The Deputy Vice-Chancellor also reported on the first stages of a possible collaborative partnership with an HE institution in Kolkata, India. This would be along the lines of the Malaysian Sunway College partnership which was approved last year. Further information will be given as negotiations progress.

The only discussion item (of which there was no discussion!) related to a review of undergraduate admissions processes in the University. This review explored the possibility of centralising admissions procedures either at the Faculty or University level, but concluded that little was to be gained and some things to be lost in doing so. For the most part, the current arrangements will continue unchanged. The exceptions are that the Admissions Office will in future take decisions on overseas applicants (with difficult or borderline cases being referred to departments) and Faculties will have an enhanced role in overseeing the admissions procedures and in ensuring that good practice is shared across departments.



A new alternative publication has recently made its appearance on campus. In the second half of the Michaelmas term, frequenters of the college bars noticed the regular appearance within their confines of issues of a newsletter entitled 'John O'Gauntlet'. Three issues have so far appeared, each consisting of two A4 sheets. Clearly intended as an alternative source of information on university affairs, the content appears to be more student-orientated than that of subtext (the last issue carried a full page devoted to the debate over whether LUSU should continue to have a Women's Officer sabbatical post).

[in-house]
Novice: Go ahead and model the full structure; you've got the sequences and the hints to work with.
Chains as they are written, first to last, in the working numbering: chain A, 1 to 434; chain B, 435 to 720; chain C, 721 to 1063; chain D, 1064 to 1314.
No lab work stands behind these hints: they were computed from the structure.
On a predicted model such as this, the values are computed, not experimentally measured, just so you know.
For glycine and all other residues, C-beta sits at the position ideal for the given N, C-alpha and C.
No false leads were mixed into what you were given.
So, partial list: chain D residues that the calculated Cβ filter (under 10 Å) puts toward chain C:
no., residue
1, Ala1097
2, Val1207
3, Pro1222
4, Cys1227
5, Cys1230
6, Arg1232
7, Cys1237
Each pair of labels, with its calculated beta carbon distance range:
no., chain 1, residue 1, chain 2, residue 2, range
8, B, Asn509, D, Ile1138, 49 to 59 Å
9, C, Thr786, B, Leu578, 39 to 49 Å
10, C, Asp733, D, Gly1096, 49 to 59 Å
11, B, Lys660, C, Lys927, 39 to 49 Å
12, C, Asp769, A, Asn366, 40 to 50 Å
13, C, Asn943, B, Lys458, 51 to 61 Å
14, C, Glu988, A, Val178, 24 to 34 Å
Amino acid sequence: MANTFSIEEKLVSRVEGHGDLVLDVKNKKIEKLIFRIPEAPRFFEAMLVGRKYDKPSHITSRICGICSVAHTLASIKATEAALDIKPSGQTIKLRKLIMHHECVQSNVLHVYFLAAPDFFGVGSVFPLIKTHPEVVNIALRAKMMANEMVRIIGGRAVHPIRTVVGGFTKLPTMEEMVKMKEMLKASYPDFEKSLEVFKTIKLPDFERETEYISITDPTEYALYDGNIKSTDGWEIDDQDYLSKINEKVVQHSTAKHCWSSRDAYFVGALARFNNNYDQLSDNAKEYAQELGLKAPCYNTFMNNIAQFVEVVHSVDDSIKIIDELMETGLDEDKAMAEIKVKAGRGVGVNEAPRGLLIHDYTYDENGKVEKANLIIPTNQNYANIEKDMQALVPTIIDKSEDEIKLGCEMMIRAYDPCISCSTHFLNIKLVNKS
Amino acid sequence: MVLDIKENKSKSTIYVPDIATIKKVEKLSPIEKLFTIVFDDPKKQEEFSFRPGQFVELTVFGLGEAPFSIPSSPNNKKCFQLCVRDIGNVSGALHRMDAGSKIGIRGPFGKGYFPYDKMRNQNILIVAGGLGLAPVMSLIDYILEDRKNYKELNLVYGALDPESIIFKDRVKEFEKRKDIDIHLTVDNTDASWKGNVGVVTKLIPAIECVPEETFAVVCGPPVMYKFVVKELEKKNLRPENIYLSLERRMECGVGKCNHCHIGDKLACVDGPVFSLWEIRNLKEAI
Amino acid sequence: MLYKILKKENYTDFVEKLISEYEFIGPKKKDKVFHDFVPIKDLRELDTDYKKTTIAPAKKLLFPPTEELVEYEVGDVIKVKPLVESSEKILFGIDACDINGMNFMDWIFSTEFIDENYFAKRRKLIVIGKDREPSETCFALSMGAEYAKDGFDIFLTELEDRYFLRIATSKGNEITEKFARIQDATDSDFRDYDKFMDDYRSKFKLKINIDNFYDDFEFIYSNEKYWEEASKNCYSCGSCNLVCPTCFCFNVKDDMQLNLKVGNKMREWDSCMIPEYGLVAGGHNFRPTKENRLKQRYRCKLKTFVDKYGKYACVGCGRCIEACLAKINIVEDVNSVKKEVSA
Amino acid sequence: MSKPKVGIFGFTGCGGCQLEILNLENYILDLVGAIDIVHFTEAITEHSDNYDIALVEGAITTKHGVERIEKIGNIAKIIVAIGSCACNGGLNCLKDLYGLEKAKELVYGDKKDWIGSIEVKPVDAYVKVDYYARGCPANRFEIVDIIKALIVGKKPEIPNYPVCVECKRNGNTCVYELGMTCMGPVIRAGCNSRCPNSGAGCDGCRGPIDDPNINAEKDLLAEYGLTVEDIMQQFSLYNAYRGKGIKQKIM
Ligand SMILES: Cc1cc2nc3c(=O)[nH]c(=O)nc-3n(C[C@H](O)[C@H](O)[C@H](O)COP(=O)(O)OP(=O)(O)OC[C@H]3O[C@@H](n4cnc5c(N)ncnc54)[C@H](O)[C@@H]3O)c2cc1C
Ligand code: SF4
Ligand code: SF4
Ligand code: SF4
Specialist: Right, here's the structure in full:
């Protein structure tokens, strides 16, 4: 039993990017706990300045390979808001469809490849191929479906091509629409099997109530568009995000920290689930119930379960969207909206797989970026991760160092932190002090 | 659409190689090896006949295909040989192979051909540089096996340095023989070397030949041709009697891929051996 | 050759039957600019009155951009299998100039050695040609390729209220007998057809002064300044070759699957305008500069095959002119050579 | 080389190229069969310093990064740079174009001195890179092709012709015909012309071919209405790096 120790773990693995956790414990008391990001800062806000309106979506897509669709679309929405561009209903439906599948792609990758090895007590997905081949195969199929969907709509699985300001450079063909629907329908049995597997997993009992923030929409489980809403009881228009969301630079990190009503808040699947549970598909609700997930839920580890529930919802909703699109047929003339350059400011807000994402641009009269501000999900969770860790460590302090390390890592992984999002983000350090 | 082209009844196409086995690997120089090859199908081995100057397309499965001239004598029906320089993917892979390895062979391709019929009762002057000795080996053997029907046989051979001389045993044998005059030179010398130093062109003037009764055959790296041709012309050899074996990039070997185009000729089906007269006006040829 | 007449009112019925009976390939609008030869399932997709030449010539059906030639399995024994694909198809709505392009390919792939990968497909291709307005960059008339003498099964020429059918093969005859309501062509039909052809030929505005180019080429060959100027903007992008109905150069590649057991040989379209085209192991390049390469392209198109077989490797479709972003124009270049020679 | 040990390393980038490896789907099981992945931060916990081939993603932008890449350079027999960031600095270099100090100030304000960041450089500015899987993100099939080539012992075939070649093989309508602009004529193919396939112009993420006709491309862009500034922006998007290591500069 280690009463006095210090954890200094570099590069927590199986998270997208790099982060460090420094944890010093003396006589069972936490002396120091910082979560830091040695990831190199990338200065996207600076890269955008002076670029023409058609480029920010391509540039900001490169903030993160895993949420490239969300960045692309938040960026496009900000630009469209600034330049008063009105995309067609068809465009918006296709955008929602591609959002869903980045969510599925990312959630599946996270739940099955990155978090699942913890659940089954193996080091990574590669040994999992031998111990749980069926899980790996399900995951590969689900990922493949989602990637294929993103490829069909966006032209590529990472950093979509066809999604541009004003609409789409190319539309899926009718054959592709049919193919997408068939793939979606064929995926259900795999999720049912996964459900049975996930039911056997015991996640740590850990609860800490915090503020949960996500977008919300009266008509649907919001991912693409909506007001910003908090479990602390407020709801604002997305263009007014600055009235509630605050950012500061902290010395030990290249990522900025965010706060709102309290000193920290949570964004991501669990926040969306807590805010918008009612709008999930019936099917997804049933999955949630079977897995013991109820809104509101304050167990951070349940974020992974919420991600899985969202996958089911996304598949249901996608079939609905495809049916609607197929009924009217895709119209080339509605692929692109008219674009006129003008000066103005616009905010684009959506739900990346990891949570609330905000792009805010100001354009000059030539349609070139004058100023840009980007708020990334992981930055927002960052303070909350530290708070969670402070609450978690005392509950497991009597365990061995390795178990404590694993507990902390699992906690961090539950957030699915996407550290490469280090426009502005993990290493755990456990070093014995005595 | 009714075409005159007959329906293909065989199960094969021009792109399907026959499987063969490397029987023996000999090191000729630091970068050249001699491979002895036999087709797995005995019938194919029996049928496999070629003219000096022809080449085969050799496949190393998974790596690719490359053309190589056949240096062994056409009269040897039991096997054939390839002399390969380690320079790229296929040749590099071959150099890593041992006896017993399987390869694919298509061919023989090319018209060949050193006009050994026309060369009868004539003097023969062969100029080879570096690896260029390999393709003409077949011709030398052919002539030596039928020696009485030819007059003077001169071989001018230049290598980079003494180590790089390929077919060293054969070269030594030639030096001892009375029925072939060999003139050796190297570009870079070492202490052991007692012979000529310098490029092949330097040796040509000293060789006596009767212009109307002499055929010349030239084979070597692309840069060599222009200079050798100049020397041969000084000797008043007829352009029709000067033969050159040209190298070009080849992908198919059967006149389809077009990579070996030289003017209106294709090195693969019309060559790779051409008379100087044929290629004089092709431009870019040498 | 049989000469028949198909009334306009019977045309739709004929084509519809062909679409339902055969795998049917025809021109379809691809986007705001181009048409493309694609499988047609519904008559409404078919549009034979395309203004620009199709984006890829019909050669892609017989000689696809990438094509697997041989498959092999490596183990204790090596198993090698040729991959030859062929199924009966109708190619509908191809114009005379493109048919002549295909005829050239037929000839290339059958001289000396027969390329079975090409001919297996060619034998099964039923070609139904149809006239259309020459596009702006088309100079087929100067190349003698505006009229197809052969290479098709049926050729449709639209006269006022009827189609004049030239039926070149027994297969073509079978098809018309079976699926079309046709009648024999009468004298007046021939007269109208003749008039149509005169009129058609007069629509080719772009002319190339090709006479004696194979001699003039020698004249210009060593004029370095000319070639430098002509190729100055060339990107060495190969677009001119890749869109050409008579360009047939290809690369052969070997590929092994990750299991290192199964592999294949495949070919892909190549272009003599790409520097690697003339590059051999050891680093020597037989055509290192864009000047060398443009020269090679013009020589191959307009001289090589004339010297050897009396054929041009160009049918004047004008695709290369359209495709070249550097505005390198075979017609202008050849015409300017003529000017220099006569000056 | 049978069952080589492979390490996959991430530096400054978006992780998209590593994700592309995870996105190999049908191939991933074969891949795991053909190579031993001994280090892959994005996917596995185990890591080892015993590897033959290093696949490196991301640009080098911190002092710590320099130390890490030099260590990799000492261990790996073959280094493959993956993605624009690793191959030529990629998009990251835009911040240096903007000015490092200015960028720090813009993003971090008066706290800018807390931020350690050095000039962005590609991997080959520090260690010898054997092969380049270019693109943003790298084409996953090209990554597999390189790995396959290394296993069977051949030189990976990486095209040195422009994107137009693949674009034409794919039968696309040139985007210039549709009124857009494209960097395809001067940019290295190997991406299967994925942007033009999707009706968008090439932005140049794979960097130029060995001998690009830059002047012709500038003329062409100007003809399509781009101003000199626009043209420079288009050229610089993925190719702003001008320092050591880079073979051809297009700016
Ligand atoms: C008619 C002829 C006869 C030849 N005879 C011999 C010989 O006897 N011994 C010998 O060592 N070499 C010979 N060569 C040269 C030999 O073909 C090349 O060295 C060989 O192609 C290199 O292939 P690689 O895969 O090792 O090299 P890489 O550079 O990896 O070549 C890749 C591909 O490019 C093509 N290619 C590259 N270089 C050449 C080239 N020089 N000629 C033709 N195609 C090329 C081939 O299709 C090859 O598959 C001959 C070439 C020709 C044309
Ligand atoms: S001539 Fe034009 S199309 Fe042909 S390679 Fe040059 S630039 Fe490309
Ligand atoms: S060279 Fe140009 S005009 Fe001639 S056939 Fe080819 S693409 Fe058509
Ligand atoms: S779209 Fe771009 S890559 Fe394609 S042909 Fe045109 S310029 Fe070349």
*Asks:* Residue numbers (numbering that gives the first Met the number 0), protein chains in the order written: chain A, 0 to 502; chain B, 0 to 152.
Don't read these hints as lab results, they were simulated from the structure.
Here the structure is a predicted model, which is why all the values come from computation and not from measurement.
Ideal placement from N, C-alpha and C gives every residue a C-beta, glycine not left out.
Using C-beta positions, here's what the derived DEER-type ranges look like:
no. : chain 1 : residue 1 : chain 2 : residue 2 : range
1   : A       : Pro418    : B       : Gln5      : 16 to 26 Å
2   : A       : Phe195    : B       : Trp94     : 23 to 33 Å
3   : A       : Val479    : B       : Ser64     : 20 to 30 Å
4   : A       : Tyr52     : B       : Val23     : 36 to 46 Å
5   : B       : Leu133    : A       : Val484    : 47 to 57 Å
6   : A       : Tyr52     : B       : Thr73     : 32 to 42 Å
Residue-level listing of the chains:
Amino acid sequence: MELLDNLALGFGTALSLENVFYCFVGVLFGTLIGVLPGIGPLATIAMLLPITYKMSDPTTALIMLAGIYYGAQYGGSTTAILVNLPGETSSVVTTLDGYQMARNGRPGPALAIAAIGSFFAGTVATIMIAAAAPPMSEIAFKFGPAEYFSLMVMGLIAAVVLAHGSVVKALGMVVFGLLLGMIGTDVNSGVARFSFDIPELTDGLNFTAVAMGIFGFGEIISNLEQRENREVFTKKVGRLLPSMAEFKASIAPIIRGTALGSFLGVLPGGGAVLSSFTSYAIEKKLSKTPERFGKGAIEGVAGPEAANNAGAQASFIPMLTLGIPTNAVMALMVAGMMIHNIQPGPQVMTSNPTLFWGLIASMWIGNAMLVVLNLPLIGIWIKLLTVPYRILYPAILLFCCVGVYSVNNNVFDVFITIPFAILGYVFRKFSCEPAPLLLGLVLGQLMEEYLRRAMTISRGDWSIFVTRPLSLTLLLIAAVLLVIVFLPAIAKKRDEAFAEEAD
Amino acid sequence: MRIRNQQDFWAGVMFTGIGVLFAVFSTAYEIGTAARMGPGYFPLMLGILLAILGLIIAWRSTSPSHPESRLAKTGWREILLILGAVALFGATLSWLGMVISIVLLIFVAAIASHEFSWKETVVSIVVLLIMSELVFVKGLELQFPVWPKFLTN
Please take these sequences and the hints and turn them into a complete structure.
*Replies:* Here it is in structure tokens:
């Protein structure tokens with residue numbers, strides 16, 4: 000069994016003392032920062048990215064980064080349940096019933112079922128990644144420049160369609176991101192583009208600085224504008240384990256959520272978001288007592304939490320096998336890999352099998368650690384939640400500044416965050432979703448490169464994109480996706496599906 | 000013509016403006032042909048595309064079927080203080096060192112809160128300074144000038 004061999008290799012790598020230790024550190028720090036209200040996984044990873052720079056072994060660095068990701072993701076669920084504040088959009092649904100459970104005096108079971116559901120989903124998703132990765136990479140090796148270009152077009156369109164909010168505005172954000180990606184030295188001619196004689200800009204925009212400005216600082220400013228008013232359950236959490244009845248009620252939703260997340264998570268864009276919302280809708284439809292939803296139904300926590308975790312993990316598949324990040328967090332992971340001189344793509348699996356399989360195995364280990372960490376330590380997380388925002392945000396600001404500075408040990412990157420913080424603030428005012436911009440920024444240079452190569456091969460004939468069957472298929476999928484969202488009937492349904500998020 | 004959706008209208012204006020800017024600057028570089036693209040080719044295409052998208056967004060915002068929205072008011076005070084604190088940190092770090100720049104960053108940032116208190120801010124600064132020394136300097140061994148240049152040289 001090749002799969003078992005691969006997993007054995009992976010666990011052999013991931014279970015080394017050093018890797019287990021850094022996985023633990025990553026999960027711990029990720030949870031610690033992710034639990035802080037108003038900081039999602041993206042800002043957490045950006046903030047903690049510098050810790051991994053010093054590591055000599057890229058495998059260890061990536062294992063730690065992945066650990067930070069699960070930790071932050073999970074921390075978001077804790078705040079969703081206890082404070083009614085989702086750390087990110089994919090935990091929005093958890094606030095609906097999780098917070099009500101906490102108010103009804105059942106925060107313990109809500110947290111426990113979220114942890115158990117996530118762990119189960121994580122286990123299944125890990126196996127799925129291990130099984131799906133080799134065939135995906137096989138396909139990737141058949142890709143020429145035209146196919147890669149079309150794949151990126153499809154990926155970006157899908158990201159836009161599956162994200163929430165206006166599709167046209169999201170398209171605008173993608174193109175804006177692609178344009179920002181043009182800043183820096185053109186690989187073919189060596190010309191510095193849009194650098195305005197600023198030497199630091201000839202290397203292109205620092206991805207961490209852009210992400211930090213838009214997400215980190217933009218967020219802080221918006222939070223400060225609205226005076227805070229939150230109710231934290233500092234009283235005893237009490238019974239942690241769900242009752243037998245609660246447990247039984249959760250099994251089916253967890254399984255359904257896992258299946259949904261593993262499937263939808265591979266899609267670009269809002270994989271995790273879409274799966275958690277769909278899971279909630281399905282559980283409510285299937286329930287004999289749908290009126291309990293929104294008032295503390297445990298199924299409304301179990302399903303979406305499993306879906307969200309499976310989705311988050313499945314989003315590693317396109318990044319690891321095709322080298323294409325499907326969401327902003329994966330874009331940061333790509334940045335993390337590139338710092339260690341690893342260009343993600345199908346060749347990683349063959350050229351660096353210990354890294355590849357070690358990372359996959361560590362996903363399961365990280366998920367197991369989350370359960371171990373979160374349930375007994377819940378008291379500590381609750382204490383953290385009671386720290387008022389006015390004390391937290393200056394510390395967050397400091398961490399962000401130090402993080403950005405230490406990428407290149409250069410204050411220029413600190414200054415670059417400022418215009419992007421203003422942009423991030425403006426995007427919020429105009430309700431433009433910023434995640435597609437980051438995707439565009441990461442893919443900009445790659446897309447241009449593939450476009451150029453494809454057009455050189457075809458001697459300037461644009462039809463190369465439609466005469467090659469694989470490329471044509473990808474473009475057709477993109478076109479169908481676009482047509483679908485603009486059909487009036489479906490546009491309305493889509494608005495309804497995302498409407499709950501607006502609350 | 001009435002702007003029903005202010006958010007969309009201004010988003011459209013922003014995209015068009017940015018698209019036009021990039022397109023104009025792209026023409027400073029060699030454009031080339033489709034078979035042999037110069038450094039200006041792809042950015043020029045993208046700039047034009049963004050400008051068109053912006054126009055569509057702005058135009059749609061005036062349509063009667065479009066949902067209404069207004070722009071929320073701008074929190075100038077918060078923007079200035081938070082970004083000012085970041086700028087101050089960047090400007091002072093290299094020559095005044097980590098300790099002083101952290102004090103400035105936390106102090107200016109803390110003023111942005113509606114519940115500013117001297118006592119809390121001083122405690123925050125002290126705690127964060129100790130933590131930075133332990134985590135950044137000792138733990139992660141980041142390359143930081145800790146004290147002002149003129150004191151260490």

Interestingly, the editors have resurrected the title of a long defunct student newspaper, the 'John O'Gauntlet', and the masthead nostalgically reproduces the original. Doubtless, this is not without significance. The original 'John O'Gauntlet' (along with 'Carolynne', the other major student newspaper) came into being in 1964, within a term of the first students coming up. Like 'Carolynne', it was distinguished from SCAN in that it was not affiliated to the Student Representative Council (the precursor to the current LUSU). The 'John O'Gauntlet' was known as the most radical of the three student periodicals and had a definite left-wing slant. One can only assume that the revived 'John O'Gauntlet' sees itself as perpetuating that political tradition.

The new journal is edited anonymously and claims to include both students and academics in its editorial board. In the most recent issue, it congratulated subtext on its first birthday, and we should like to return the compliment by wishing the 'JOG' every success. We will watch its future development with interest.



Our item in subtext 15 about campus-related urban myths continues to prompt contributions from readers. Below we have some embellishment on the 'campus tunnel' story, and also some new stories. Keep them coming!


It is my understanding that in the very early seventies some 'enterprising' students discovered that there was an entrance to the south tunnel inside the bookshop, and those enterprising students made some unscheduled 'withdrawals' or, as it was sometimes known then, 'liberations' of the stock. Myth had it back then that there was also an entrance to the tunnel inside one of the banks, but I put that down to wishful thinking. I recall my informant telling me that the bookshop ruse had been discovered and any re-occurrence of the scam prevented.

Dave Bleasdale (ISS)


* In the 60s (or 70s) during rag week, when rag week was an excuse for such hi-jinks, students painted a zebra crossing across the M6.

* Also during rag week, the University of Lancaster signs were replaced or covered up to read 'University of Wooloomooloo'.